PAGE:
where x = hv/(kT) = E/(kT) and xg = Eg /(kT). Owing to the strong increase of the exponential function with x, only a small range of energies close to the bandgap contributes to the integral. The integral has no simple analytical solution and it needs to be evaluated by a numerical method.

Table 3.1. Bimolecular recombination coefficient at 300 K for different semiconductors as calculated from the energy gap, absorption coefficient, and refractive index at the bandgap energy. The spontaneous lifetime is given by B 1 ND, A-1 and it is calculated for a majority carrier concentration of 1018 cm-3.

 Material Eg ( eV ) ° - s s c n ( - ) R0 ( cm-3 s-1 ) 3 ni - cm c B ( cm3 s-1 ) Tspont ( s ) GaAs 1.42 2 x 104 3.3 7.9 x 102 2 x 106 2.0 x 10-10 5.1 x 10-9 InP 1.35 2 x 104 3.4 1.2 x 104 1 x 107 1.2 x 10-10 8.5 x 10-9 GaN 3.4 2 x 105 2.5 8.9 x 10-30 2 x 10-10 2.2 x 10-10 4.5 x 10-9 GaP 2.26 2 x 103 3.0 1.0 x 10-12 1.6 x 10° 3.9 x 10-13 2.6 x 10-6 Si 1.12 1 x 103 3.4 3.3 x 106 1 x 1010 3.2 x 10-14 3.0 x 10-5 Ge 0.66 1 x 103 4.0 1.1 x 1014 2 x 1013 2.8 x 10-13 3.5 x 10-6

Under equilibrium conditions, the carrier generation rate (photon absorption rate) is equal to the carrier recombination rate (photon emission rate). Thus, the van Roosbroeck-Shockley model provides the equilibrium recombination rate. As discussed earlier, the bimolecular rate equation, which applies to both equilibrium and non-equilibrium conditions, gives the number of recombination events occurring per unit volume per unit time:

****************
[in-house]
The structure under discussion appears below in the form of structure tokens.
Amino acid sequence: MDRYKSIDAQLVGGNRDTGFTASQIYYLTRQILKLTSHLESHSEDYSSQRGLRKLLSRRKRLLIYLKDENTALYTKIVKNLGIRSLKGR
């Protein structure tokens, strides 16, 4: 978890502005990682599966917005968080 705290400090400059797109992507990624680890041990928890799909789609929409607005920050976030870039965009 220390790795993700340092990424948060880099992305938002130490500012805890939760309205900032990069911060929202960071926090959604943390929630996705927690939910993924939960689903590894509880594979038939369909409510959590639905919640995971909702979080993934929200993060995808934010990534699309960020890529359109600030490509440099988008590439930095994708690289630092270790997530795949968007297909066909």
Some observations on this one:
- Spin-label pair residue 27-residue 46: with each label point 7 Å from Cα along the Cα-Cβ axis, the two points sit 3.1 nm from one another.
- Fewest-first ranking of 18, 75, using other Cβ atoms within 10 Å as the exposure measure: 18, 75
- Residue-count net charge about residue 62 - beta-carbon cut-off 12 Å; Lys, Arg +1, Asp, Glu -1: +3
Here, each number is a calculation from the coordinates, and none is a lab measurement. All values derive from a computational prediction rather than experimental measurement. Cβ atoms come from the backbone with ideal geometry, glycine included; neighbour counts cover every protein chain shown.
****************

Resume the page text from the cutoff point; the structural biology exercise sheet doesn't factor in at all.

(3.22)

R = Bn p

Next, we use the van Roosbroeck-Shockley model to calculate the bimolecular recombination coefficient B. Under equilibrium conditions, it is R = R0 = Bni2. Thus the bimolecular recombination coefficient is related to the equilibrium recombination rate by

(3.23)

Table 3.1 shows the bimolecular recombination coefficient for different semiconductors as calculated from Eqs. (3.21) and (3.23). All material parameters used in the calculation are given in the table. The calculated results reveal that B = 10-9-10-11 cm3/s for direct-gap III-V semiconductors. This calculated result agrees well with experimental results. GaP, Si, and Ge, all indirect-gap semiconductors, have a much smaller bimolecular recombination coefficient compared with direct-gap III-V semiconductors.

There are several other ways to calculate the bimolecular recombination coefficient. An early calculation by Hall (1960) using a two-band model produced a bimolecular recombination coefficient of

 2

 3 (

 me + me I * * mh me)

 3/2 ( E Л

 300 K T

 (3.24)

 B = 5.8 x 10

 n

 V 1eV )

 mh+me e m e s
 -13 cm

 s

 л

 -3/2

where me*, mh*, and me are the effective electron mass, effective hole mass, and free electron mass, respectively. Garbuzov (1982) described a simple quantum mechanical calculation for direct-gap semiconductors and obtained the following expression for the bimolecular recombination coefficient:

 2

 3/2

 3

 Eg

 -10 cm

 300 K T

 (3.25)

 V 15eV )

 s

 B = 3.0 x 10
 coefficient is in the 10 10 cm3/s range when calculated for GaAs at 300 K using Eqs. (3.21) and

All of the methods described here to calculate B give reasonably similar results. The B coefficient is in

(3.23) - (3.25).